On June 4 and June 5, 2019, separate panels of the Appellate Division of the New Jersey Superior Court issued diametrically opposed decisions calling into question the enforceability of arbitration agreements involving employees and independent contractors who provide transportation services. In Colon v. Strategic Delivery Solutions, LLC and Arafa v. Health Express Corporation, two Appellate Division panels considered the same legal question: are arbitration agreements enforceable under New Jersey law where one of the signatories is exempt from arbitration under the Federal Arbitration Act (FAA)? Despite the uniformity of the issue considered, the respective holdings stand in stark contrast to one another, creating confusion as to how to interpret arbitration agreements moving forward.
Colon and Arafa involved strikingly similar facts. Both the Colon and Arafa plaintiffs contracted with the respective corporate defendants to provide transportation and delivery services on their behalf with regard to pharmaceutical products. Both defendants classified the plaintiffs as independent contractors; and both plaintiffs executed arbitration agreements governing the terms and conditions under which they were to provide transportation services. Most significantly, in both cases the arbitration agreements at issue explicitly stated that they were to be governed pursuant to the FAA (The Arafa agreement stated that it “is governed by the Federal Arbitration Act,” while the Colon agreement stated that the parties agreed “to comply and be bound by the Federal Arbitration Act.”). Neither arbitration agreement referenced the FAA’s New Jersey corollary, the New Jersey Arbitration Act (NJAA).
Surely enough, both plaintiffs eventually filed suit alleging identical causes of action, claiming that they had been misclassified as independent contractors and seeking employment benefits—on behalf of themselves and “others similarly situated”—under the New Jersey Wage Payment Law (WPL) and New Jersey Wage and Hour Law (WHL). The defendants in both matters moved to dismiss and in both cases the trial judge dismissed the respective complaints on the grounds that plaintiffs had agreed to pursue their claims via arbitration.
On appeal, both plaintiffs argued that they were under no obligation to arbitrate their claims because they qualified as exempt transportation workers under the FAA. Section 1 of the FAA provides that the statute shall not apply to “contracts of employment of seamen, railroad employees, or any other class of workers engaged in foreign or interstate commerce.” In New Prime, Inc. v. Oliveira, the Supreme Court of the United States recently clarified that “contracts of employment” in this context include both employment and independent contractor agreements. 139 S. Ct. 532, 542-44 (2019).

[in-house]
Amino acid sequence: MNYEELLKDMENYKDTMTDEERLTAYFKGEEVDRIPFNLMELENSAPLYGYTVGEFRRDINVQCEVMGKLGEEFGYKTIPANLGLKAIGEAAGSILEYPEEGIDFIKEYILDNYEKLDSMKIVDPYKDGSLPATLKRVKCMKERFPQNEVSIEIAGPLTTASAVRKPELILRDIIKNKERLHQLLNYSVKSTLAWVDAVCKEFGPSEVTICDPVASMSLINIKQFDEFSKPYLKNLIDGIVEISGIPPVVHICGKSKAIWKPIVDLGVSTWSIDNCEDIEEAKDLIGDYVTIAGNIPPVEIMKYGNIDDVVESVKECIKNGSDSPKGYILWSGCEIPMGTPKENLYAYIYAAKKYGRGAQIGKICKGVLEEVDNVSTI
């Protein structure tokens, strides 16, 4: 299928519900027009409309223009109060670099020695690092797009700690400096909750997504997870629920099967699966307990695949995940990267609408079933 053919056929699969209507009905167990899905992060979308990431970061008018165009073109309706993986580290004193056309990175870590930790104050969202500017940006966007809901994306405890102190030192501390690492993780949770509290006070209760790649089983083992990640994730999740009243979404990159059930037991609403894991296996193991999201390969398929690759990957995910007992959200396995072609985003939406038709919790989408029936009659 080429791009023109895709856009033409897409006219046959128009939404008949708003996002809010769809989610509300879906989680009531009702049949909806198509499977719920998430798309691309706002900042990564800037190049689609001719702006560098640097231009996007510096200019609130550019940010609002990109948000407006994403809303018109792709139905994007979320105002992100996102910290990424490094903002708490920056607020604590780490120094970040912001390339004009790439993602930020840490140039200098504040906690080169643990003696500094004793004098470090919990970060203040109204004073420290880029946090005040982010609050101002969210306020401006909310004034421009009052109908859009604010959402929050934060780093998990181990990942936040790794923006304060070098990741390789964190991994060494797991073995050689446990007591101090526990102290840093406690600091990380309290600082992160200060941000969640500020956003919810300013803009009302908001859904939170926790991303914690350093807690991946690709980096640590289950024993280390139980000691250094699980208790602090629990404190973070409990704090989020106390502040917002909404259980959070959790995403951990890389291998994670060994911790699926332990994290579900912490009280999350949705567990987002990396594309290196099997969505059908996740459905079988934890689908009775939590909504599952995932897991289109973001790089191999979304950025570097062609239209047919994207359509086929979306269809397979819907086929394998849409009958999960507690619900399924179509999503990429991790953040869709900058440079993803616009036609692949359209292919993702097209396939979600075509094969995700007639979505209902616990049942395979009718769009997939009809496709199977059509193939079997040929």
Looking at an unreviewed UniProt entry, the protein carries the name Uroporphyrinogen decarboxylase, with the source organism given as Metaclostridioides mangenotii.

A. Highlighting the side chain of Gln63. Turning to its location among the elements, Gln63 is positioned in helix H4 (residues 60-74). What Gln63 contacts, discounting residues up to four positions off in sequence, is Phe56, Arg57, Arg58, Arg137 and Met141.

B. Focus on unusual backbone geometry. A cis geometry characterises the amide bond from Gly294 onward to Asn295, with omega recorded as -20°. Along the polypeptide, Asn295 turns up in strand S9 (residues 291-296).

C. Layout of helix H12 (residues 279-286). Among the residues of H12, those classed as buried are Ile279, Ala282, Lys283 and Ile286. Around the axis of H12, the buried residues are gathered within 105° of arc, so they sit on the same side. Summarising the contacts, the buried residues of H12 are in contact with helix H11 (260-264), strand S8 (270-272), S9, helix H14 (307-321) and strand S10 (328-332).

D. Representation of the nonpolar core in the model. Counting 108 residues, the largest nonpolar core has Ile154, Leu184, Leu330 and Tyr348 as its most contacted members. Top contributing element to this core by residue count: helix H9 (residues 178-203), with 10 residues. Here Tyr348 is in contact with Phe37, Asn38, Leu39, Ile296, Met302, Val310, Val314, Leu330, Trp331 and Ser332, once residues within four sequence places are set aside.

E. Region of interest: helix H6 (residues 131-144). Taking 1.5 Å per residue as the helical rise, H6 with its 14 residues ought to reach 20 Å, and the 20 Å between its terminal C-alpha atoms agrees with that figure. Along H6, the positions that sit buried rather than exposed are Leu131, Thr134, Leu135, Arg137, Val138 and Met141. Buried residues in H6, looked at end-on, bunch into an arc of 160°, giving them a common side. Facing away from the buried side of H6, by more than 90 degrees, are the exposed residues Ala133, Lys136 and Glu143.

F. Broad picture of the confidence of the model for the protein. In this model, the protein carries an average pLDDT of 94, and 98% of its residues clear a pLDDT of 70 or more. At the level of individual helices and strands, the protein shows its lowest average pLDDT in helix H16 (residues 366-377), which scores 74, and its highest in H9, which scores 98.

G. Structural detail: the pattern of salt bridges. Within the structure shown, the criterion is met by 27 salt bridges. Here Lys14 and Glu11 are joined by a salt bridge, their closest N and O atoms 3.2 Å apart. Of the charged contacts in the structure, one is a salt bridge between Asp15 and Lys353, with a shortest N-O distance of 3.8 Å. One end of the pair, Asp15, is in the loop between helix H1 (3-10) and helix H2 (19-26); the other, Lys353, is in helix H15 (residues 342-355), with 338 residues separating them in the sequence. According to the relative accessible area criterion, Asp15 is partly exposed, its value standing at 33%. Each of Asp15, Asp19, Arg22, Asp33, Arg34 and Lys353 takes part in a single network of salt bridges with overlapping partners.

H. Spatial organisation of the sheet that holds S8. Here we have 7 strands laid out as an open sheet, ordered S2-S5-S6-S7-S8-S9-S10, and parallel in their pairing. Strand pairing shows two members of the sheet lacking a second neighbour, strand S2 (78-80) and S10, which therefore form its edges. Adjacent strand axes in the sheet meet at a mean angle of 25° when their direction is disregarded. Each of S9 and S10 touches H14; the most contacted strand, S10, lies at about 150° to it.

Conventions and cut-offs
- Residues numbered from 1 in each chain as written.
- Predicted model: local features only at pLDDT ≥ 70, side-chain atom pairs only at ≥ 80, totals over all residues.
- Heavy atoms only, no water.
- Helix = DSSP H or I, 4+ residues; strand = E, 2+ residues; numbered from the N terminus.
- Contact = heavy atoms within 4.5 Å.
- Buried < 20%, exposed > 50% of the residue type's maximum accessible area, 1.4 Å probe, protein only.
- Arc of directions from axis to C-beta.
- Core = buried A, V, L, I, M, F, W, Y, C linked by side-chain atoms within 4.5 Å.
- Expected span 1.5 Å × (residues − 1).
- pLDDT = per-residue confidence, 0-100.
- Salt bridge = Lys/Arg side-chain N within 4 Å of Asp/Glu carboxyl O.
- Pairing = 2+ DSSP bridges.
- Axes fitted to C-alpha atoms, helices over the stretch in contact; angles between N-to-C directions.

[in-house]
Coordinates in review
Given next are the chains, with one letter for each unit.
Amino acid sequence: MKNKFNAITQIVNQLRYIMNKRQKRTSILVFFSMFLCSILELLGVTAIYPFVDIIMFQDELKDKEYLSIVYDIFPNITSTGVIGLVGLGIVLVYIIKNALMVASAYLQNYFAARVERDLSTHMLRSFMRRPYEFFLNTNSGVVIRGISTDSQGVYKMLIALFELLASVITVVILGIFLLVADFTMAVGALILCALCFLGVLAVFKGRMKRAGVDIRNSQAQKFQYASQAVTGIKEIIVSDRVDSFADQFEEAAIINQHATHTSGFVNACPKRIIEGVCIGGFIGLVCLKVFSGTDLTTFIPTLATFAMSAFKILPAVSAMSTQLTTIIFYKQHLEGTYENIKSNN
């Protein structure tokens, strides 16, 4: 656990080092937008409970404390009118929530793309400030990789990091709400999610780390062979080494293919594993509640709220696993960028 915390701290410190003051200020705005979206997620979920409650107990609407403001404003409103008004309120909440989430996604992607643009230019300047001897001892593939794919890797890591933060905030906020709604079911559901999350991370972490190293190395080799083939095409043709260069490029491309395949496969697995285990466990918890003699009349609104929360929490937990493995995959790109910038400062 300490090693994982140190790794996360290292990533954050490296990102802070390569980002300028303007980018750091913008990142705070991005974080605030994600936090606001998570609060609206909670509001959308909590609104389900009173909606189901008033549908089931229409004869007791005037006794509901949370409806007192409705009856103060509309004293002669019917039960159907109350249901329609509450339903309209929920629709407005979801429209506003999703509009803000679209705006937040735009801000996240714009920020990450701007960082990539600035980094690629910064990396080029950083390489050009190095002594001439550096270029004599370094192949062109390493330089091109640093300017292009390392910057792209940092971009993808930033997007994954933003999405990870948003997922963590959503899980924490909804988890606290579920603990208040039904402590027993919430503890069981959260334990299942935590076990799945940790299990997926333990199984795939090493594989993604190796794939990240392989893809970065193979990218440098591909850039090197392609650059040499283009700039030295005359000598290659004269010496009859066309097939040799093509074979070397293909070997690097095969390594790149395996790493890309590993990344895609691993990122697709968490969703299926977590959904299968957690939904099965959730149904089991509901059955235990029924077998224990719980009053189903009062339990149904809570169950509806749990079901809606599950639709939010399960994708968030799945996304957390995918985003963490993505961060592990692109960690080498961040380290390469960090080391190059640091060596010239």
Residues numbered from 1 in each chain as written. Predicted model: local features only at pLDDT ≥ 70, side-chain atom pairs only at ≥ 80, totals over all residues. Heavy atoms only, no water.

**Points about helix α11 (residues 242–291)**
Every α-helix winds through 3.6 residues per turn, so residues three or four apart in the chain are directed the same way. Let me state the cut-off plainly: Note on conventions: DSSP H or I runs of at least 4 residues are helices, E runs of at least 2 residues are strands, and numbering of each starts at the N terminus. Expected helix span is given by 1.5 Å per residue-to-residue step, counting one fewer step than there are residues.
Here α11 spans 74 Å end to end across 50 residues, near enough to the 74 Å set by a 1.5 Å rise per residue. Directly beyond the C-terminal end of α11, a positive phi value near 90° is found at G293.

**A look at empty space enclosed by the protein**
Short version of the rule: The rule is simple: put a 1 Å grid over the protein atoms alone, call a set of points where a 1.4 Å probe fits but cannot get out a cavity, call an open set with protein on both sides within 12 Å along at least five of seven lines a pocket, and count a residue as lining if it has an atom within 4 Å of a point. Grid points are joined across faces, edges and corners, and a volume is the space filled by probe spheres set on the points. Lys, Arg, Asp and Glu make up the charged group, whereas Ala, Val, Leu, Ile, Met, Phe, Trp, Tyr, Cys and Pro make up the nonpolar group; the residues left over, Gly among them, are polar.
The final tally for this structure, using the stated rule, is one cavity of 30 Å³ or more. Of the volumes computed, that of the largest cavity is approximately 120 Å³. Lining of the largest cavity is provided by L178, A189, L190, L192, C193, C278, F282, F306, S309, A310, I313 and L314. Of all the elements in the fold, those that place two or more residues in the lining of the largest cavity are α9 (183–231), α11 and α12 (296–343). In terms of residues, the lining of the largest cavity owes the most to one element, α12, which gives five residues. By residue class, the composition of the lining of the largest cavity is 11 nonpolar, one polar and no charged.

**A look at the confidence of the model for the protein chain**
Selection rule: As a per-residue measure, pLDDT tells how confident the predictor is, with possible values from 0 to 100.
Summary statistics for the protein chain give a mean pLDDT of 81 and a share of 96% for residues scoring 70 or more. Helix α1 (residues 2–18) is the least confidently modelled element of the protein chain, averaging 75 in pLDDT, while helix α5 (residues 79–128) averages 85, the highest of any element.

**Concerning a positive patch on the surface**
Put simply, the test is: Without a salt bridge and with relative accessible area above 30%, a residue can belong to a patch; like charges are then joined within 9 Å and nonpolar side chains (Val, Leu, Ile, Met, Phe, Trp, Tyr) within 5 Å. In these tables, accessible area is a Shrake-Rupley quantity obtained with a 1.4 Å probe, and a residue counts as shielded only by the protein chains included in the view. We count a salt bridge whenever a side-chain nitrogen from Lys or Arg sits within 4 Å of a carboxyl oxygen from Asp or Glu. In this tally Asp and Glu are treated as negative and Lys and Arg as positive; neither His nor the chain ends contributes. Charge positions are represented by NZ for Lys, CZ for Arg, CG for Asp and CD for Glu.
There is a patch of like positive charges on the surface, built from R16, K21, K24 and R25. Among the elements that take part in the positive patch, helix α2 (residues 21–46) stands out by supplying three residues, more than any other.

Both Appellate panels agreed—though the Colon court remanded for fact-finding on this issue—that if the plaintiffs qualified as exempt transportation workers the defendants would not be able to compel arbitration under the FAA. The opinions diverge, however, as to their holdings on the effect of that exemption. In Arafa, the Appellate Division found that, in light of the plaintiff’s exempt status, there had been no meeting of the minds and therefore the defendant could not compel arbitration under any statute. Accordingly, the Court remanded to the trial judge for further proceedings. Conversely, the Colon court rejected a similar argument, holding that the FAA does not preempt the enforcement of state arbitration statutes which continue to apply where the FAA does not. Though the Colon plaintiffs may have been exempt from arbitration under the FAA, the Court determined that there was still a meeting of the minds as to their intention to arbitrate disputes and that New Jersey law would govern the agreement. Hence, the Colon Court held that the NJAA—even without being explicitly referenced in the agreement itself—applied to compel arbitration of the plaintiffs’ claims.
Moving forward, reconciling Arafa and Colon will undoubtedly cause much difficulty for employers. Critically, Colon is a published opinion and carries precedential value, whereas Arafa—an unpublished opinion—does not. Nevertheless, plaintiffs will be sure to cite Arafa in opposition to motions to compel arbitration; and commentators have already begun calling on the New Jersey Supreme Court to resolve this inconsistency. Absent a grant of certification from the Supreme Court this issue figures to remain muddled, and employers should make sure to include specific reference to the NJAA in arbitration agreements governing workers performing transportation services.
For answers to any questions regarding this blog or with regard to arbitration agreements generally, please feel free to contact an attorney in the Gibbons Employment & Labor Law Department.